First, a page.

Protection from detriment for seeking parental leave does not require formal notice

  • Employment Law
Someone looking after their toddler.
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Peninsula Team, Peninsula Team

(Last updated )

Employees are protected from suffering a detriment because they have “sought” to take parental leave. The Employment Appeal Tribunal (EAT) had to consider, in the case of Hilton Foods Solutions Ltd v Wright, whether or not informal enquiries about taking parental leave were enough to gain this protection.

Facts

The claimant was employed as a logistics/supply chain manager, working for the respondent for a little over a year before being dismissed on grounds of redundancy. Prior to his dismissal, the claimant had informally discussed taking unpaid parental leave to look after his disabled son with his colleagues, including the HR department, his line manager and the respondent’s managing director. On speaking to the managing director of his intentions, the claimant was reportedly sworn at and told that he was expected to be in the office "Monday to Friday, 8-5pm with no exceptions". This was reported to HR, but the behaviour was dismissed as typical for the managing director. In the end, the claimant did not at any time make a formal request to take parental leave.

Following the dismissal, the claimant brought a claim for automatic unfair dismissal on the basis that the real reason for the dismissal was his intention to request parental leave, and not redundancy as the respondent had purported.

One of my employees is a foster carer, do they get parental leave?

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Employment Tribunal (ET)

At a preliminary hearing, the respondent applied to strike out the claim on the basis that it had no reasonable prospect of success. This argument before the ET was based on the fact a formal request for parental leave was never in fact made, despite the claimant acknowledging that this was a requirement to take the leave. As no formal request had materialised, the claimant had not, the respondent argued, as a matter of law, sought to take parental leave, which is necessary for the legal protection to apply.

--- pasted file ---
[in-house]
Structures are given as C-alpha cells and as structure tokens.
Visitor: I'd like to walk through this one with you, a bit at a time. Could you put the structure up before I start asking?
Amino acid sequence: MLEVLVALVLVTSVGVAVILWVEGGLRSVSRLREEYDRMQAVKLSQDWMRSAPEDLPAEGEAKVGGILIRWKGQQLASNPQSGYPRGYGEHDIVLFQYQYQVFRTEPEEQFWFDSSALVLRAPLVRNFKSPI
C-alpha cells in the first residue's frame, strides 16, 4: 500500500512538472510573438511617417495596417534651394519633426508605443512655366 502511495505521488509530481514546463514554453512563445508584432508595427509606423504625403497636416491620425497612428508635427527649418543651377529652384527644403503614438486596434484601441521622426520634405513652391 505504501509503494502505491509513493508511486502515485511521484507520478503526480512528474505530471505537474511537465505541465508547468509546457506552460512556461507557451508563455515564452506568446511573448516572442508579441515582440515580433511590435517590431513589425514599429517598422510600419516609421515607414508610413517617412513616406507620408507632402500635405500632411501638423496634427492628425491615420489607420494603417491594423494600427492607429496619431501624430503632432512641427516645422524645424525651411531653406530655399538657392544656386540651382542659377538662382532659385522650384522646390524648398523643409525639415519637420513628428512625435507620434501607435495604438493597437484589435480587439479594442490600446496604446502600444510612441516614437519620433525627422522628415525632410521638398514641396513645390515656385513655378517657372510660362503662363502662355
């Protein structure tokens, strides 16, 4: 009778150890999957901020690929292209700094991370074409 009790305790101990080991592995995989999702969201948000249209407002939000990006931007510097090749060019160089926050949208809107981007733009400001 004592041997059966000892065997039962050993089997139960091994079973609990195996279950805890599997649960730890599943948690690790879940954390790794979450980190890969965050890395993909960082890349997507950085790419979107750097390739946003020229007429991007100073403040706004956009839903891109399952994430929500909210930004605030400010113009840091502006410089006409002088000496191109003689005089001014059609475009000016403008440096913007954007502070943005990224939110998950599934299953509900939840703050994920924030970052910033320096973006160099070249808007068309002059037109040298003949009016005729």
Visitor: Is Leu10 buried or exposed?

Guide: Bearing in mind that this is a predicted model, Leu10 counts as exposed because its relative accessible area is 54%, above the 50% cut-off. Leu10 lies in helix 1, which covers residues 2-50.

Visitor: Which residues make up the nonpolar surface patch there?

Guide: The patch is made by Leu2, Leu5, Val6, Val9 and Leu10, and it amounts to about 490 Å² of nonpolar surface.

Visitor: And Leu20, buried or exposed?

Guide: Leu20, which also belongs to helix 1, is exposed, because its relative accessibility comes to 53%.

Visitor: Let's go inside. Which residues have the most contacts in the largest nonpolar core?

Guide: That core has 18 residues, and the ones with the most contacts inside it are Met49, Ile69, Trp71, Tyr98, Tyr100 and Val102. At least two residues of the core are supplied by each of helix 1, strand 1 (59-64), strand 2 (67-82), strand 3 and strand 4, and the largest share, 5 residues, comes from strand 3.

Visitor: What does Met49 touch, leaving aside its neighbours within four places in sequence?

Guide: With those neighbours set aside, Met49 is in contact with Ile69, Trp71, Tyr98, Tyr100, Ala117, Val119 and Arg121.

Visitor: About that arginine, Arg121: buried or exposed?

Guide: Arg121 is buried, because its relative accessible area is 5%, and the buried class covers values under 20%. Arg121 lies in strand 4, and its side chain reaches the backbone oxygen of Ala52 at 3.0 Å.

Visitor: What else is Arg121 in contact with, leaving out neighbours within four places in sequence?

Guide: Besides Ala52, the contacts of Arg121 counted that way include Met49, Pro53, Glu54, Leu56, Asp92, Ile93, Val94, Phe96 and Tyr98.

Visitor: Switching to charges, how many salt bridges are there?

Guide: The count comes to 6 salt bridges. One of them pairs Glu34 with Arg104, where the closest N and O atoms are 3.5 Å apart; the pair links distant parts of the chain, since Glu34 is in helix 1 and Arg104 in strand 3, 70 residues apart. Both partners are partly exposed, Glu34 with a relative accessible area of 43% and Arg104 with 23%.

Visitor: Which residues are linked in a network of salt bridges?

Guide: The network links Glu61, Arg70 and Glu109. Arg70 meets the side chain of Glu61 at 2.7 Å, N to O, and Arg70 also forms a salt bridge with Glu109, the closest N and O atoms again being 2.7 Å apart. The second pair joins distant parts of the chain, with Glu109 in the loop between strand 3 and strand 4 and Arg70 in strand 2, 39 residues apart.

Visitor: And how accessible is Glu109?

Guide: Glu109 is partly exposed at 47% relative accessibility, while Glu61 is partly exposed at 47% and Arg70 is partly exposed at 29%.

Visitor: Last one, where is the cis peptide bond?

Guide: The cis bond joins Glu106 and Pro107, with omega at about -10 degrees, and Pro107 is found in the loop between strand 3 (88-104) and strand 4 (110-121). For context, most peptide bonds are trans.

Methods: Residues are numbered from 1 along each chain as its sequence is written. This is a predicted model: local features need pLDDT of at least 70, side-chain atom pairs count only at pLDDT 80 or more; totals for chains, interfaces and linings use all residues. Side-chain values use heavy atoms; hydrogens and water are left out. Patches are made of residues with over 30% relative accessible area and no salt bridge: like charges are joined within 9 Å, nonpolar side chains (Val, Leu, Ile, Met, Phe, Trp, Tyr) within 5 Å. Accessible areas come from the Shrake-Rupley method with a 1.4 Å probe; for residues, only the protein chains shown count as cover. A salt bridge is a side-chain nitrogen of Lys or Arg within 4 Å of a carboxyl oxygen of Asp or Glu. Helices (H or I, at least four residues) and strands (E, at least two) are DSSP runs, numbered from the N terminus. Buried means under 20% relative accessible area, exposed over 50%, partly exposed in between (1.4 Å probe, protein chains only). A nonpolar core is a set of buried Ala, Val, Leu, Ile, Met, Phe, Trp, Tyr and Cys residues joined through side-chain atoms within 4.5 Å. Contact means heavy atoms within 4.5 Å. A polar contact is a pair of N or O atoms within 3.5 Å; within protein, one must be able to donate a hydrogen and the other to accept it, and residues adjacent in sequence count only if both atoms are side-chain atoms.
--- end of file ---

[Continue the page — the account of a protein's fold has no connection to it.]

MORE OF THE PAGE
This was rejected by the ET. It was held that the claimant had made informal enquiries regarding taking parental leave and made it clear on a number of occasions that he intended to take it. This was sufficient for the ET to find that the claimant had “sought” to take parental leave.

This was appealed by the respondent on the basis that the legislation required a written application to be made in order for it to be said that an employee has sought to take parental leave.

Employment Appeal Tribunal (EAT)

According to the EAT, there is no absolute requirement under the legislation for an employee to give notice for them to have "sought" to take parental leave. The word "sought" is an ordinary English word and in this regard, it should be given its ordinary meaning. Whether or not an employee had sought to take leave under the legislation was therefore a question of fact. Had it been intended otherwise, the legislation would specify that the giving of notice was required for the protection against dismissal to apply, rather than using “sought” instead.

Takeaway points

This provides useful clarity on a particular point of law, and with family-related rights under the spotlight as new entitlements are given and existing ones changed, anything that makes the management of these clearer would be welcomed by employers.

As a result of this case, employers should bear in mind that the protection arises even where an informal request or indication to make one has been made, and that this protection applies before two years’ service is reached. Employees who make such enquiries or indications should be treated reasonably and fairly, both in relation to their leave request, and in any other unrelated proceedings or processes that are undertaken.

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